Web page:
Can Gavin Newsom lose even if he wins the recall?


Former Governor Gray Davis and current Governor Gavin Newsom.

Indifference and Democratic overconfidence left California Governor Gray Davis in 2002, almost at the expense of reelection, and he was recalled the following year. Governor Gavin Newsom, also a Democrat, faces similar challenges when fighting a September recall attempt. (The Associated Press)

In 2002, California Governor Gray Davis, who ran for reelection, faced an unfortunate Republican opponent named Bill Simon Jr.

A wealthy banker and political rookie, Simon never had a chance to compete with democratic incumbents.He had the charisma of a turnip, betting a position far away from most Californians and bumped into it A chronic and comically incompetent campaign.

But when election day came, the results were amazing. After hours of cliffs where Reed exchanged hands several times, Davis won with only 47% to 42%.

If the explosion had not been expected, the results would not have been close.

This may sound paradoxical, but it’s easy to explain. Self-satisfaction and overconfidence among Democrats requires Davis a second term. Ultimately, these factors caused his recall in less than a year.

Governor Gavin Newsom is at the same risk as trying to avoid Davis’ fate and become the second Governor of California (and the third governor nationwide) to be recalled to voters before his term ends. Facing

His biggest problem is none of the Republicans he faces. Rather, it is indifferent among fellow Democrats who do not save Newsom’s skin without voting. Until recently, many of the governor’s fellow factions treated the recall as a joke, and it was certainly not a threat in states where the Republicans hadn’t won state-wide contests before Apple sold the first iPhone.

But to defeat the attempted recall Crush that. If Newsom spreads in a non-impressive way, as is widely assumed, would it politically undermine him if he seeks a second term in 2022? After all, Davis’s exile seeds were sown by his weak reelection performance just a few months ago.

That experience has shown that victory is not always a victory.

According to a Los Angeles Times survey, six out of ten voters did not recognize the governor’s ability to perform their duties on the day Davis was reelected. They had a dim view of Simon as well. Given that unfortunate choice, many Californians either passed the race or endorsed one of several third-party candidates. It was widely believed that Davis would win anyway, so why?

The result was more than the humility of an unpopular Democratic election night. Solid turnout makes it much easier to force recall votes within a year. This is a feature of the state’s very low eligibility threshold, which requires a signature that reflects only 12% of the ballots cast in the last election.When Republican Arnold Schwarzenegger entered the contest, it was Hasta La Vista For Davis.

Republican Larry Elder, Kevin Fallconner, John Cox, Caitlyn Jenner Everything could be done again in 2022. Agnostic to other merchandising scheme. But if you can’t beat Newsom in a low turnout election recall at a strange time that has a huge impact on the Republican’s very vibrant foundation, you know how one of them wins. Is difficult.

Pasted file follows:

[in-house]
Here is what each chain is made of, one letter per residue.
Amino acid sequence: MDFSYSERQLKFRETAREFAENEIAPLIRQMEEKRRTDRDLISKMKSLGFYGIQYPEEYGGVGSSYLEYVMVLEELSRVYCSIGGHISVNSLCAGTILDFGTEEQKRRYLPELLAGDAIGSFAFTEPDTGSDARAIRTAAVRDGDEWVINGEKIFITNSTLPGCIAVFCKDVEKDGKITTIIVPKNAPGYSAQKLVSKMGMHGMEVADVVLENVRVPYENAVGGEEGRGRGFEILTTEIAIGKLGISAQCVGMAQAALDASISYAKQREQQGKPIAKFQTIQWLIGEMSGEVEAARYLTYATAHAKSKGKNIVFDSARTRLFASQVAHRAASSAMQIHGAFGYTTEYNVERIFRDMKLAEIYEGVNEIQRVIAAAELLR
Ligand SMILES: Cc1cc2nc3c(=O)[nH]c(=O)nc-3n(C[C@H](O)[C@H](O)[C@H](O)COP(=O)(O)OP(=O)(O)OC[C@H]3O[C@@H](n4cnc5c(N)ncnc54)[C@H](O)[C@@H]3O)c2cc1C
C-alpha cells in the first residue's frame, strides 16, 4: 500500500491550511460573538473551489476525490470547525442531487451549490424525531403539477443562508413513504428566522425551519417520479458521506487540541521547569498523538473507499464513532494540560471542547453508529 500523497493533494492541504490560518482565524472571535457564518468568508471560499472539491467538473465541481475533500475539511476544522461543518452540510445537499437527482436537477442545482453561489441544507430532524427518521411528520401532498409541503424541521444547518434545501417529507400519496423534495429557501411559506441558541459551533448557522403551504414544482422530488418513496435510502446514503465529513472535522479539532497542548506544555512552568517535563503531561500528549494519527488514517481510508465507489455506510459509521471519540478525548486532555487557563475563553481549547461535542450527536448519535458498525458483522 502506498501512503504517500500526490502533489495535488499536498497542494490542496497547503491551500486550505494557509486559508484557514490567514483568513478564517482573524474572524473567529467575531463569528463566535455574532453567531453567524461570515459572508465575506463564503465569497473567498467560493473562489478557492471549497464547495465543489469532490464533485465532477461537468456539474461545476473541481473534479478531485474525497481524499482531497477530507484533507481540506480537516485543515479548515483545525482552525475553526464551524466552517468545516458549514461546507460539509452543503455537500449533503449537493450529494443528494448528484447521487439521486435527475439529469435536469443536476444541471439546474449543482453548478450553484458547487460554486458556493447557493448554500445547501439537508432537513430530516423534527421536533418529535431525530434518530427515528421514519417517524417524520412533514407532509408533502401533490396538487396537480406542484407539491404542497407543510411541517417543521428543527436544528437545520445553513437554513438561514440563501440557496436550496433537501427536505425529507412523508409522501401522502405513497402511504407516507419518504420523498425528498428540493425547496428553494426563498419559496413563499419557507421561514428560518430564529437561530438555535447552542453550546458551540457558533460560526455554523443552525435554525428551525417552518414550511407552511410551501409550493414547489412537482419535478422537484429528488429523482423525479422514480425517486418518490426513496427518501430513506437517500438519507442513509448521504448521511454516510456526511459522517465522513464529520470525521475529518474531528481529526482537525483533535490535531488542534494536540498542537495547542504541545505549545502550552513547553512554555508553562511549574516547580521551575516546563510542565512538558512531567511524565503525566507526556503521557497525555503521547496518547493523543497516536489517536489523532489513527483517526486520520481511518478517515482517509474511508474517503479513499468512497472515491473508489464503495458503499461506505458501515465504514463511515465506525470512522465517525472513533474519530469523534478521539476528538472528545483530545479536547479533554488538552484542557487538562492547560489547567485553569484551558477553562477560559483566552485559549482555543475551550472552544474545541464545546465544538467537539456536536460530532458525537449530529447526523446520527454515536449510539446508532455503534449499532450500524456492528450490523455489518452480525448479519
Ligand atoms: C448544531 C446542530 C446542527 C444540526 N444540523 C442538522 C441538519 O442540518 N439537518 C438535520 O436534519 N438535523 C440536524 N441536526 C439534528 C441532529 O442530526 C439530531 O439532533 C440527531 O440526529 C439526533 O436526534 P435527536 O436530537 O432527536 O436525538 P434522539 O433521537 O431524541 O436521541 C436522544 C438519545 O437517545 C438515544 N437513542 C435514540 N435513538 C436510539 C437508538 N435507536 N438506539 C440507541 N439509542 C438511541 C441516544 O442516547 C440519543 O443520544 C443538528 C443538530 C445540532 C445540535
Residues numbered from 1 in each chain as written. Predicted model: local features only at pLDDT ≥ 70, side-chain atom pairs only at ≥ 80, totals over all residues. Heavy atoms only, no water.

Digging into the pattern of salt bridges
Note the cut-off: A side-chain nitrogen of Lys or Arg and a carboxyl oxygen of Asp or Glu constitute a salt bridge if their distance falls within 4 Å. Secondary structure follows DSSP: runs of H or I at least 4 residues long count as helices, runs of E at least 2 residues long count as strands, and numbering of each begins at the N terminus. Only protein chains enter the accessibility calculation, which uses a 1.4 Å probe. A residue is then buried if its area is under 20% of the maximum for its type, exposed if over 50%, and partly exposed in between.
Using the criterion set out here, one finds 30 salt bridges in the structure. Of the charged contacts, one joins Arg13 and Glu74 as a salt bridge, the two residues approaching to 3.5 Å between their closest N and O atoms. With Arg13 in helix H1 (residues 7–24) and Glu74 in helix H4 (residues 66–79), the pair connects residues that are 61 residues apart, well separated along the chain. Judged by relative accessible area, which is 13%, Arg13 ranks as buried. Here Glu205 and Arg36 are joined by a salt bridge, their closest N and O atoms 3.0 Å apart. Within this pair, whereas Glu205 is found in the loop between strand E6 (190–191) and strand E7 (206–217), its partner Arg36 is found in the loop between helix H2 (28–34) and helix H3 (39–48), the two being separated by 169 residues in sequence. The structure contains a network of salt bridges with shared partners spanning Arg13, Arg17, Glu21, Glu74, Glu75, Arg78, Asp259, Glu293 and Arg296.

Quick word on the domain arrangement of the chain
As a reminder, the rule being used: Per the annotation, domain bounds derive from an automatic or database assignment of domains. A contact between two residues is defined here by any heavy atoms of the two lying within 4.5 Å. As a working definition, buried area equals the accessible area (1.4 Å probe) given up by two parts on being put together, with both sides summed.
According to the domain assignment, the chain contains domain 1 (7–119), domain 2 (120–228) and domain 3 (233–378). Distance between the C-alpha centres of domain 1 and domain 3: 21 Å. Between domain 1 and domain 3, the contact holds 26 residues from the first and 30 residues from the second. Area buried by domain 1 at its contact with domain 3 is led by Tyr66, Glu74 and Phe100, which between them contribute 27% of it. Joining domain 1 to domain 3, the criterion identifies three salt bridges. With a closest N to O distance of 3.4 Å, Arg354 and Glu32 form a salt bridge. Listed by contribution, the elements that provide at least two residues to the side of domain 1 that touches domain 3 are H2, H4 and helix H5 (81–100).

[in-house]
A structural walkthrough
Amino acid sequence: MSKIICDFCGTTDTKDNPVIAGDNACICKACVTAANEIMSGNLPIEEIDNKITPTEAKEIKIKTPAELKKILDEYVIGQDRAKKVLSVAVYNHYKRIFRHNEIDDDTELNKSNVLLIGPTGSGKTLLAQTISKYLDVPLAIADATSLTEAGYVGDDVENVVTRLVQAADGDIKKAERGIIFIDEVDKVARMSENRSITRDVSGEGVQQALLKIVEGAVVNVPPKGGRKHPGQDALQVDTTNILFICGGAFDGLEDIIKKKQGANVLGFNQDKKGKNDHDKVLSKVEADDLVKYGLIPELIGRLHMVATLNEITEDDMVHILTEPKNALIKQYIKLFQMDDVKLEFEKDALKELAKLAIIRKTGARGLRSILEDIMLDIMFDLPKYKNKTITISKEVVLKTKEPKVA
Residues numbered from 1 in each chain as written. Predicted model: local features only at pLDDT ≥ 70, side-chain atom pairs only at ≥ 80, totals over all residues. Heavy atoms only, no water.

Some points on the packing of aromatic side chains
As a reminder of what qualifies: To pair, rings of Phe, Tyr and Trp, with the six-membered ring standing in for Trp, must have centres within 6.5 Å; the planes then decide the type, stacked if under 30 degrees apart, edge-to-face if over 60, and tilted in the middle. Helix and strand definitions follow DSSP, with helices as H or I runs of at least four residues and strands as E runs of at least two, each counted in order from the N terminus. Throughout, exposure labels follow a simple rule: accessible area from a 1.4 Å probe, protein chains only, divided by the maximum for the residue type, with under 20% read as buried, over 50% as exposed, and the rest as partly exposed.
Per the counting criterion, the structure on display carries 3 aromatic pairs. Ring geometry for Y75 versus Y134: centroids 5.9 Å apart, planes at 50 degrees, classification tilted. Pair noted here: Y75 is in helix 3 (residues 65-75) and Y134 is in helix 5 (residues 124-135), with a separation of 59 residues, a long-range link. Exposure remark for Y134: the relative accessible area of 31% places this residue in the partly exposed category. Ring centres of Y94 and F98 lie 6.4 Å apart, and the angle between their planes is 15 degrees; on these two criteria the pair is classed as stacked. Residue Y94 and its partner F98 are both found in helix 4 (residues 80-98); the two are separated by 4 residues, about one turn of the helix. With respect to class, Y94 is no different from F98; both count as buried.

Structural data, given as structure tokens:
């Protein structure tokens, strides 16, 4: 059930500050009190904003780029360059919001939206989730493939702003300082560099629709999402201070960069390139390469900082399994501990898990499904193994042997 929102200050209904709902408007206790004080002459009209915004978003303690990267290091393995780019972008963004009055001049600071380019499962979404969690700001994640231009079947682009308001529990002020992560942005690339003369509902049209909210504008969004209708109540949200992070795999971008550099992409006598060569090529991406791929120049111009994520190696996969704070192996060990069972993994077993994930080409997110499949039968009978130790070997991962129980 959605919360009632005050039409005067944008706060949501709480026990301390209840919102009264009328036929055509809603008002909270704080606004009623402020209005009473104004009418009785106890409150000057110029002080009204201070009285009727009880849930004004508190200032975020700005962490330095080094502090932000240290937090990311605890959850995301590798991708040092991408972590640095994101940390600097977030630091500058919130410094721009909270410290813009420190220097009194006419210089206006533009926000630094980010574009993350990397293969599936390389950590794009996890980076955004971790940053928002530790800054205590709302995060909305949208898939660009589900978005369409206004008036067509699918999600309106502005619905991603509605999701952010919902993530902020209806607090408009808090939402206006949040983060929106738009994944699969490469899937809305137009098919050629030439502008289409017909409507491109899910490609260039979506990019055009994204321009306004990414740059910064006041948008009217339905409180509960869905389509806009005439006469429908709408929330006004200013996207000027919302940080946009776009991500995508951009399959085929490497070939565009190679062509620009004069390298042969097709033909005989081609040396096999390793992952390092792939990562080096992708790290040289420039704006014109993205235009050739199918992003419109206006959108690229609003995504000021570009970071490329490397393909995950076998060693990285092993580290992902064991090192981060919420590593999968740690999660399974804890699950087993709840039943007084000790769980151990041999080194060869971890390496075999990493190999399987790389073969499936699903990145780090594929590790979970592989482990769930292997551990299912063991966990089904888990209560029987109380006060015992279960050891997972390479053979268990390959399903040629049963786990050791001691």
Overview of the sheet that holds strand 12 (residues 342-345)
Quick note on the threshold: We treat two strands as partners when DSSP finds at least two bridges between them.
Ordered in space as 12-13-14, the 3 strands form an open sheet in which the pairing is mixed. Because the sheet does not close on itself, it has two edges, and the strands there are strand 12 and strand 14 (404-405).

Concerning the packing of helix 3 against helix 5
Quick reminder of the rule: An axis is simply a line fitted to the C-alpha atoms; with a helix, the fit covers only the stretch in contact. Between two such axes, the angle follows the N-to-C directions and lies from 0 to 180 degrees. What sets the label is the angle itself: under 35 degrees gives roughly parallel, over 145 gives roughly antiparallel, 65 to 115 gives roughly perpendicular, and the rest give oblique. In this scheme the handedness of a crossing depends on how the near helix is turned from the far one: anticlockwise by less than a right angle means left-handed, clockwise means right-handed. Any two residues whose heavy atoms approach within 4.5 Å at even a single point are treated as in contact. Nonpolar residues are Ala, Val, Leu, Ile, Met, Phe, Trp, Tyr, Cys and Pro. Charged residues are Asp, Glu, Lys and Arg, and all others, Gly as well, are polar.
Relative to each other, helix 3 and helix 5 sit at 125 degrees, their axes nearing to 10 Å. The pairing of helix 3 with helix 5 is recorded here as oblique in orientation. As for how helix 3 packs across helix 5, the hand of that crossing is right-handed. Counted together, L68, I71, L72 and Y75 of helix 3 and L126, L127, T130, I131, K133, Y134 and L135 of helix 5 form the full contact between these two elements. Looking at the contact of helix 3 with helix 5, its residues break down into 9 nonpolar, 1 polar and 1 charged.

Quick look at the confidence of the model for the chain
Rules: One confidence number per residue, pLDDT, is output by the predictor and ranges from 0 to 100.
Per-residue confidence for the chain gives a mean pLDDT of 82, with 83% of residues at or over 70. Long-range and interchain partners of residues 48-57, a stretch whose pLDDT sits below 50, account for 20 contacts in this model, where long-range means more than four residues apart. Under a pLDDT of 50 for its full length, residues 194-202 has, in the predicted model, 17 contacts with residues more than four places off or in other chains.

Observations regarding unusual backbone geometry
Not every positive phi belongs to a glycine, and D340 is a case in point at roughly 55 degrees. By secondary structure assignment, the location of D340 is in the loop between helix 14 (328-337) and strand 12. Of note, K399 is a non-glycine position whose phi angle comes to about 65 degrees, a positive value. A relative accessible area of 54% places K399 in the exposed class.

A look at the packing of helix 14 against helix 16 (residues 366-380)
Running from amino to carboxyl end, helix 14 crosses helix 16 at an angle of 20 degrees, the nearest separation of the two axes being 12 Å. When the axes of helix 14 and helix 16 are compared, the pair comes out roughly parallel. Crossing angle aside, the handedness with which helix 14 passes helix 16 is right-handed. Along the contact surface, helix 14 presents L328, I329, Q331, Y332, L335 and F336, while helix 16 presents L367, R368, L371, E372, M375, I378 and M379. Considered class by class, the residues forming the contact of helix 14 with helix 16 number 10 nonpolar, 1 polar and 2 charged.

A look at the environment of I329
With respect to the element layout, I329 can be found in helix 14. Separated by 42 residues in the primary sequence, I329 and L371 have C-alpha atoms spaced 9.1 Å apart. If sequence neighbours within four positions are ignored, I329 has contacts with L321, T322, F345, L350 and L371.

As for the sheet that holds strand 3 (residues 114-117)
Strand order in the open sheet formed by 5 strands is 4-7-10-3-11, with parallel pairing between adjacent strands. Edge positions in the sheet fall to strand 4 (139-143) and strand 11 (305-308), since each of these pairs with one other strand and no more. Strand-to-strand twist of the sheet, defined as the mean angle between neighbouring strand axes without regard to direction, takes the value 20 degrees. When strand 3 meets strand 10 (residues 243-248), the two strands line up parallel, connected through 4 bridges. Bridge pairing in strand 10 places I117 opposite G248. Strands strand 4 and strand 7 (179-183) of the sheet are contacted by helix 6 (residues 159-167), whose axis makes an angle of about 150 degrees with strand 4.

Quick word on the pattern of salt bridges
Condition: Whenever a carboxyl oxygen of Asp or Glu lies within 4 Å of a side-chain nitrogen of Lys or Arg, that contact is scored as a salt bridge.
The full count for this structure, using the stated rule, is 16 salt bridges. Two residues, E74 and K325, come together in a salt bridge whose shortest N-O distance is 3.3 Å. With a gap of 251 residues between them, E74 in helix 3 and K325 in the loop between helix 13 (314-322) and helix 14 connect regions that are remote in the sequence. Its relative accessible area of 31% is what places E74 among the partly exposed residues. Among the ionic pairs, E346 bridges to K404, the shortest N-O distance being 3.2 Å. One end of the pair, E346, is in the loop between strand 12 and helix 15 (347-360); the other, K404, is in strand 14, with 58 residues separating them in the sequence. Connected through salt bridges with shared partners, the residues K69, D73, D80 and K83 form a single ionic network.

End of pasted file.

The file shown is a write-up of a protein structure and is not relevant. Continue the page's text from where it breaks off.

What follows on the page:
More importantly, Republicans do not have to receive a place close to the majority of votes to win the election if Newsom is recalled. What’s more, you don’t even have to receive anything close to 42% of Simon’s vote. The candidate with the most votes will be the next governor of California, if few.

That will not be the case in 2022.

So the more appropriate question is whether the dreaded Democratic opponents, or two, feel encouraged to take on Newsom if they barely avoid the recall. Blood in the water and all of it.

Maybe so. California faces a lack of rainfall, but there is no lack of ego and ambition. There are dozens of executives in Sacramento and Washington, stars in Hollywood, big names in Silicon Valley, and miscellaneous people with piles of money who believe they can do a better job as governor if they have the chance.

Still, defeating New Sam can be a daunting task, but no matter how vulnerable he may look. The Governor of California is rarely absent. The last incumbent who lost the reelection was Pat Brown of the Democratic Party of Japan in 1966. Prior to that, Democrat Culbert Olson was defeated by Republican Earl Warren a quarter of a century ago.

In addition, polls show that Newsom maintains strong support among Democrats, who outnumber registered Republicans almost 2: 1 and has an overall positive rating among most Californians surveyed. It is shown to be enjoying. He is not Gray Davis.

“I’m not saying it couldn’t have happened,” said Gary South, who managed two successful governor campaigns for Davis and helped fight the 2003 recall. “But if you pick up the bones of history and look for a motive to confront the sitting governor, even if he looks weak, there is no evidence or receipt to suggest that it will succeed.”

All of this enhances the interests of both parties in the recall effort.

The September 14 vote isn’t just about keeping Newsum in power. Perhaps it’s also a vote on whether he should remain Governor of California for the next five and a half years until the second term expires in January 2027.

This story was originally Los Angeles Times..